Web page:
|Length=2 and Window=3||Length=2 and Window=4|
|A quick||A quick|
|A brown||A brown|
|quick brown||A fox|
|quick fox||quick brown|
|brown fox||quick fox|
As you can see above, there are a million combinations that you can derive your workflow from. One needs to come up with some cross validation technique to find the best parameters starting with some initial values. NGRAM and QGRAM lengths up to 3 seem to be a good place to start.
Once we decide on the Term Extraction, the next thing to do is to determine what kind of Term Weighting we need. Not all NGRAMS, QGRAMS and SKIP-GRAMS are equal. We sometime want to provide higher weight to the grams that are occurring less frequently (prominence/differentiator). One can do this by running the TF/IDF function in Aster. This is great for comparing large documents as opposed to just strings.
The Exponential Decay weighting seems to work best when you do QGRAMS for strings. The first QGRAM gets some score say 0.9, the second QGRAM gets 0.9^2 followed by 0.9^3, 0.9^4 etc., This works great for names that has noisy suffixes like LLC, Inc, Services etc., which gets weighted lower.
Some algorithms don't care about the term weighting. Distance Algorithms like Levenshtein Distance only look at the GRAMS as a whole and each letter in the GRAM.
There are several algorithms available in Aster that does Fuzzy Matching - both in the Aster Foundation as well as the ones that are Field Supported. If used correctly, it can result in greater than 95% accuracy as we've seen in many use cases. Here are a list of the algorithm combinations that targets Similarity problems:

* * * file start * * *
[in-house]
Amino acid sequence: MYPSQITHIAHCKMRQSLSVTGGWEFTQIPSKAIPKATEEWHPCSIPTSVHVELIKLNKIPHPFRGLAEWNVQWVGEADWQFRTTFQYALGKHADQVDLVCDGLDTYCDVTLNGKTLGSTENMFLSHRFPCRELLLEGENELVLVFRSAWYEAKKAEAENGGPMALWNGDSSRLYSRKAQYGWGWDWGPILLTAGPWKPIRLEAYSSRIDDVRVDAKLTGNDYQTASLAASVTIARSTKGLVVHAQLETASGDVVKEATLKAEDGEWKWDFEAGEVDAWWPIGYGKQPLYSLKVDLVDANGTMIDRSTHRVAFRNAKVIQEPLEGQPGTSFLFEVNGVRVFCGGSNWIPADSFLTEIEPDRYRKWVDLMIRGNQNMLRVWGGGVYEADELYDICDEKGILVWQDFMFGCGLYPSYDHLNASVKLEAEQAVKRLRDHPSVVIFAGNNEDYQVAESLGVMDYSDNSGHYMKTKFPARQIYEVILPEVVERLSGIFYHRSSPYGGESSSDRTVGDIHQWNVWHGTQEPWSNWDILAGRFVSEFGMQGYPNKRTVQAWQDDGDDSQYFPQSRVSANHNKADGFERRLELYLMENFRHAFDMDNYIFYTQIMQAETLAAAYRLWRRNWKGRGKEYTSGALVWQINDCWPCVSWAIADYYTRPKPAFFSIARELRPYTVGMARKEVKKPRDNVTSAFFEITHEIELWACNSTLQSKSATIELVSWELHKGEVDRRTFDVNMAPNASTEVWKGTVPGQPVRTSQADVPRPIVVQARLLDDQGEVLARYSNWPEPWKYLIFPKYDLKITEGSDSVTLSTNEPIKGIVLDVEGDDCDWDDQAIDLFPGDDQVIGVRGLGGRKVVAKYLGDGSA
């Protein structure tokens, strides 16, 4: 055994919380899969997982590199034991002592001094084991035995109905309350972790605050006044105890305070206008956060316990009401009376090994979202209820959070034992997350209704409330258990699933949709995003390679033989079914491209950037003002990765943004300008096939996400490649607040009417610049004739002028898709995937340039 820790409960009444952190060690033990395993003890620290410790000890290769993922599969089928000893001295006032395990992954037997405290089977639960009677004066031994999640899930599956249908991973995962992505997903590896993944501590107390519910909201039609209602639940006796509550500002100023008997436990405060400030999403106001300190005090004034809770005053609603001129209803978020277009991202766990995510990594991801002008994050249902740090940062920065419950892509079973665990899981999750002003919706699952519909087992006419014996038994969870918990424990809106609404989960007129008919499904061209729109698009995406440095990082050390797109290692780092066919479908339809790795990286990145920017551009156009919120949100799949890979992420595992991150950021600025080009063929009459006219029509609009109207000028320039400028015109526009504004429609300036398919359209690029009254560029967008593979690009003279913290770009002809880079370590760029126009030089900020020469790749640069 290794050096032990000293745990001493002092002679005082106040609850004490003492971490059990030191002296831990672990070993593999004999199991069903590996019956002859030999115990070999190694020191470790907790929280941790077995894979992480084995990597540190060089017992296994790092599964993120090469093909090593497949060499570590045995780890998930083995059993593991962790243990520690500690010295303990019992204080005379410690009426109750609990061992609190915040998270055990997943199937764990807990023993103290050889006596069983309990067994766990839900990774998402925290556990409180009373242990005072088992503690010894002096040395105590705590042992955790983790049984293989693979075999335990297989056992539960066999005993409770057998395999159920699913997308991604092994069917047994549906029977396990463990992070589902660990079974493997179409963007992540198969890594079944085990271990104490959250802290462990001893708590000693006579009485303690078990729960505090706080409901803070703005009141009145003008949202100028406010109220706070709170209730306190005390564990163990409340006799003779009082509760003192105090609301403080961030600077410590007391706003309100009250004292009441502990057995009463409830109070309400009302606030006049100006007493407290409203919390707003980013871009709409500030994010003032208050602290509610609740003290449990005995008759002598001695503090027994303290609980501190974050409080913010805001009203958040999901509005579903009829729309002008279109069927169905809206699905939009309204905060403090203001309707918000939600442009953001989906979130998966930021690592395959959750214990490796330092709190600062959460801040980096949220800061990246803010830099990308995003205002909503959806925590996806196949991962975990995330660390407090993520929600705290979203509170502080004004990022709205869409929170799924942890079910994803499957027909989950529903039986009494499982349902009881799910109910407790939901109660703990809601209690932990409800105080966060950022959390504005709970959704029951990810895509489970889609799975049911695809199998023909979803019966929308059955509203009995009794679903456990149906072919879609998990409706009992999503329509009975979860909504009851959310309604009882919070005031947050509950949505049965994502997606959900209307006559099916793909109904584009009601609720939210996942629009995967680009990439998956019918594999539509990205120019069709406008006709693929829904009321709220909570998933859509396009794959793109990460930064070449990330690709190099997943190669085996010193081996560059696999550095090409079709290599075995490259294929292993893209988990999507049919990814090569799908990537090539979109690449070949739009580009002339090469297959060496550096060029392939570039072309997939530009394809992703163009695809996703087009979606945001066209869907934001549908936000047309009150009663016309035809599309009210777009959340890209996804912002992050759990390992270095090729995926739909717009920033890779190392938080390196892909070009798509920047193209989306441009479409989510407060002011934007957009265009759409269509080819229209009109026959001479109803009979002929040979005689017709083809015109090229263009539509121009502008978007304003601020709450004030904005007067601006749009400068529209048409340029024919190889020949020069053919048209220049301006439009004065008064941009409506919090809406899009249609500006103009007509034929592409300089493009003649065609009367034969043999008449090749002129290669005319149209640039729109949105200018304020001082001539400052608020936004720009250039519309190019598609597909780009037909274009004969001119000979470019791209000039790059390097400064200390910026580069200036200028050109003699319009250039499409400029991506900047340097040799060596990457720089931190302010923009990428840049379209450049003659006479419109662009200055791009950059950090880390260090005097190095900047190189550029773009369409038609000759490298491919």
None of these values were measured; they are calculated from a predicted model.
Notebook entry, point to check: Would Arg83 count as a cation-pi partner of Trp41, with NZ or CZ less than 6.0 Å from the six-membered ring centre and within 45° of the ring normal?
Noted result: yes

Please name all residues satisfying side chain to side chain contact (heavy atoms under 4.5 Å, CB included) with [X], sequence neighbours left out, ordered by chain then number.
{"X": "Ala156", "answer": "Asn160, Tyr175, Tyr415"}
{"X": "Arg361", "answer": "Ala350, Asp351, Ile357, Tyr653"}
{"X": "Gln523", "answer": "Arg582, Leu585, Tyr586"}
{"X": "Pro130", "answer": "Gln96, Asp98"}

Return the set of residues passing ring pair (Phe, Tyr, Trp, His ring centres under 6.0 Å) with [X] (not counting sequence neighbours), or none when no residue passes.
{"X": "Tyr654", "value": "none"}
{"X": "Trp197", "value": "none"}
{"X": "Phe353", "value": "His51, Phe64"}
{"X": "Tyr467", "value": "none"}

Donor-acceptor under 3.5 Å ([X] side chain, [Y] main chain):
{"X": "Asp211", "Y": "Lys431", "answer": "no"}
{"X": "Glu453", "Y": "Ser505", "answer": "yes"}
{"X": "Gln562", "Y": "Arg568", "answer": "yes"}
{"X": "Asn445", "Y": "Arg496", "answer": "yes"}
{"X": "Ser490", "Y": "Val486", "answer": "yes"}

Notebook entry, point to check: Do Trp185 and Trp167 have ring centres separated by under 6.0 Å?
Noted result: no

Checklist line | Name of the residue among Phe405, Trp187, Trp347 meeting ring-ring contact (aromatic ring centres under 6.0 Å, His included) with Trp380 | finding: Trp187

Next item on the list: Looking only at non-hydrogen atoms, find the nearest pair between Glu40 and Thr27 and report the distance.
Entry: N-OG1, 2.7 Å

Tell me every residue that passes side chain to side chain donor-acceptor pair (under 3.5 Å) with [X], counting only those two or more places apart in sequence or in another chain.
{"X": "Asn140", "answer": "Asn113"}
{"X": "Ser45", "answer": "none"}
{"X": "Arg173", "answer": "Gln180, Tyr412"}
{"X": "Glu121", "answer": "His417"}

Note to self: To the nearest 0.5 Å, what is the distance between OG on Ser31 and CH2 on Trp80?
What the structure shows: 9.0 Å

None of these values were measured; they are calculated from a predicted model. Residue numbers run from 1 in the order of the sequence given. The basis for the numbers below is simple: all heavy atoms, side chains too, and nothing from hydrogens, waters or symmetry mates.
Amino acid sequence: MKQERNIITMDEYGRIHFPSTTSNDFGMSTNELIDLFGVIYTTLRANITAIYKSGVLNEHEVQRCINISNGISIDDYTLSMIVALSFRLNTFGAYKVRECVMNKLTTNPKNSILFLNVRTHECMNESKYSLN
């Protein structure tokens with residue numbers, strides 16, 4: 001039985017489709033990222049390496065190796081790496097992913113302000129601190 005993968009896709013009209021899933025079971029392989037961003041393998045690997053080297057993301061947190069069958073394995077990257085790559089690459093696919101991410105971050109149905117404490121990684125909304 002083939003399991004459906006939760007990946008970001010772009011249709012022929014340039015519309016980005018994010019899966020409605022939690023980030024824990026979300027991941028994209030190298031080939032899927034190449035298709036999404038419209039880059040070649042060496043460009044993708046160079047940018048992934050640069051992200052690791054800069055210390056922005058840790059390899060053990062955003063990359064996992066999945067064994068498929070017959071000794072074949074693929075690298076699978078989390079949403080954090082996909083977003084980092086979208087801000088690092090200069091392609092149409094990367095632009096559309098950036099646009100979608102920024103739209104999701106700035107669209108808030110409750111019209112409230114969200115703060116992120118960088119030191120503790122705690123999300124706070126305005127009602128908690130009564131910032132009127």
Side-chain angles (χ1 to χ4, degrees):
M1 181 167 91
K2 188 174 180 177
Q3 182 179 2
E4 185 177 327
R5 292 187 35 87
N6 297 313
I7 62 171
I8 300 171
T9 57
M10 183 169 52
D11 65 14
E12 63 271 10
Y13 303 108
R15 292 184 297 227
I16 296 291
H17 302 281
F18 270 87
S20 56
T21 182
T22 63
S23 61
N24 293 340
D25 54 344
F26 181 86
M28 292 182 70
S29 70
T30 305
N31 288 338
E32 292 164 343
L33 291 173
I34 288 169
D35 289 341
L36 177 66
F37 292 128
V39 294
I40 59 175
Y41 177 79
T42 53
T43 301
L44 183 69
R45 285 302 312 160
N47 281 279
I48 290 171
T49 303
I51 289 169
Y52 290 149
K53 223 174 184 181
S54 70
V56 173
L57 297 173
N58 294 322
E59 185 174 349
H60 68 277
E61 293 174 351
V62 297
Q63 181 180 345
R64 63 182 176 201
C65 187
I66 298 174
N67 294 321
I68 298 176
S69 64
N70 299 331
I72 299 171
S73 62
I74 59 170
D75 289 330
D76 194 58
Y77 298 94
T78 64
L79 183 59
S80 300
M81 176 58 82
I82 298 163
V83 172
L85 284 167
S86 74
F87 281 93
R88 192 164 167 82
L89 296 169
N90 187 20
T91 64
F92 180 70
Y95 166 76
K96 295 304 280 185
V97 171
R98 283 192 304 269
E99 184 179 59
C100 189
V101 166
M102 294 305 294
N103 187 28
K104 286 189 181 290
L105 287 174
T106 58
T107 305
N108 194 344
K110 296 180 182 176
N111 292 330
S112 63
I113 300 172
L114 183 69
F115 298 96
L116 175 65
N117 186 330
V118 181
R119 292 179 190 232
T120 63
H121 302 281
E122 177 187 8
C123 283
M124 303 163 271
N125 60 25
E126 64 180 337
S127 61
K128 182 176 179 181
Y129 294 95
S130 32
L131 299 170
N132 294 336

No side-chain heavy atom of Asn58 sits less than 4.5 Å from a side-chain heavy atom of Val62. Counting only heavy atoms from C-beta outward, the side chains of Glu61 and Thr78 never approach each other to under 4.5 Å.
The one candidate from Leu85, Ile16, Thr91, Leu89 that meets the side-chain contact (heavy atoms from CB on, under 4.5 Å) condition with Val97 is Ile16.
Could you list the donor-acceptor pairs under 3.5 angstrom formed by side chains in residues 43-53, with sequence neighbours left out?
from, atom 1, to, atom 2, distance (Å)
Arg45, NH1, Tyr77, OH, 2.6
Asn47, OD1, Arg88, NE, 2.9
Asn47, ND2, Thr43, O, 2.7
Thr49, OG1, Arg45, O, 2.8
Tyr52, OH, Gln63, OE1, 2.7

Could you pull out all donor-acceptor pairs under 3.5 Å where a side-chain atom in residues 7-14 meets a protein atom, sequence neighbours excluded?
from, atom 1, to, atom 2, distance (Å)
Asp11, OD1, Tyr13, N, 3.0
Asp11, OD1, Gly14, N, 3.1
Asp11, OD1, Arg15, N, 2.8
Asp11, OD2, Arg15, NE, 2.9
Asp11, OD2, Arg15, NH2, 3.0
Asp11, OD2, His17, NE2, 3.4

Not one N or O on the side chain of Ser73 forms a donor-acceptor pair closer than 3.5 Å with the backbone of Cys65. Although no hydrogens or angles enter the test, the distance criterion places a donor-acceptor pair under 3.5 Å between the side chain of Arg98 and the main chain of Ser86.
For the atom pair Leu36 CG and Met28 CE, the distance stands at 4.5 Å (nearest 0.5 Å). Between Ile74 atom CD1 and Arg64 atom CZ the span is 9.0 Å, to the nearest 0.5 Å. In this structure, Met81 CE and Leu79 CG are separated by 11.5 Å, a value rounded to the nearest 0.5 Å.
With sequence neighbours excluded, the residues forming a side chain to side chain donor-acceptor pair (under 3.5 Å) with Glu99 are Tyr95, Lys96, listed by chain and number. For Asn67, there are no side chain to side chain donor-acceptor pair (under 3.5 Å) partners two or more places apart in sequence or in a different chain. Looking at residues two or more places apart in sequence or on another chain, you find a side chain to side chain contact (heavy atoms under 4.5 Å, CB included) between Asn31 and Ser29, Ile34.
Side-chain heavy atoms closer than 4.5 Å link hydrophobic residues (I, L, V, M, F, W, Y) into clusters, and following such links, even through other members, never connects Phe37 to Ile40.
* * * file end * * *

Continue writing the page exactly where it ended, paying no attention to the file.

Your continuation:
Given two strings String1 and String2, Edit based algorithms look at how many inserts, deletes and updates are required to go from String1 to String2. They are more suited for words or short phrases. Token based algorithms are often used to fuzzy match sentences, paragraphs or documents. They break up the content to words or parts of strings, apply some weighting (based on how frequent they appear within a document or how close they are to the beginning etc.,) and then use a formula like Cosine Similarity to score the match. Phonetic algorithms use more NLP aware techniques to find similar "sounding" words by breaking the words to phonemes and then comparing those.
The obvious answer is 'one size does not fit all'. Algorithm generates measures for different scenarios. In general algorithms are not decided by the user, but largely by the data !!! Each data set automatically is aligned best with some algorithm - or conversely each algorithm is built around an assumption of how the data is represented. So when the data assumptions fail for one algorithm, it's time to try to another one! Pick the winner by testing different scenarios and stick to it.
An algorithm is said to fail badly if it generates a lot of false positives & negatives (very high misses) There are also design patterns that are 'generally' popular because of the high success rate with less surprises out of the gate. One of them is a classic combination of NGRAM, TF/IDF with Cosine Similarity. See John Thuma's you-tube video on using this design pattern. The CosineSimilarity measure is calculated by Aster's VECTORDISTANCE() SQL/MR function:
All the other algorithms work really well with certain types of data - person names, addresses, short strings, long strings, common typos, merchant names in transactions etc., A more interesting analysis provided here on the subtle differences between different algorithms.
This blog post was intended more for providing a high level overview. As a follow on blog post, I will post the code sometime that creates a few QGRAM type fuzzy match workflows to help disambiguate text in your environment. Tks for your patience and hope you enjoyed the blog post!
You must be a registered user to add a comment. If you've already registered, sign in. Otherwise, register and sign in.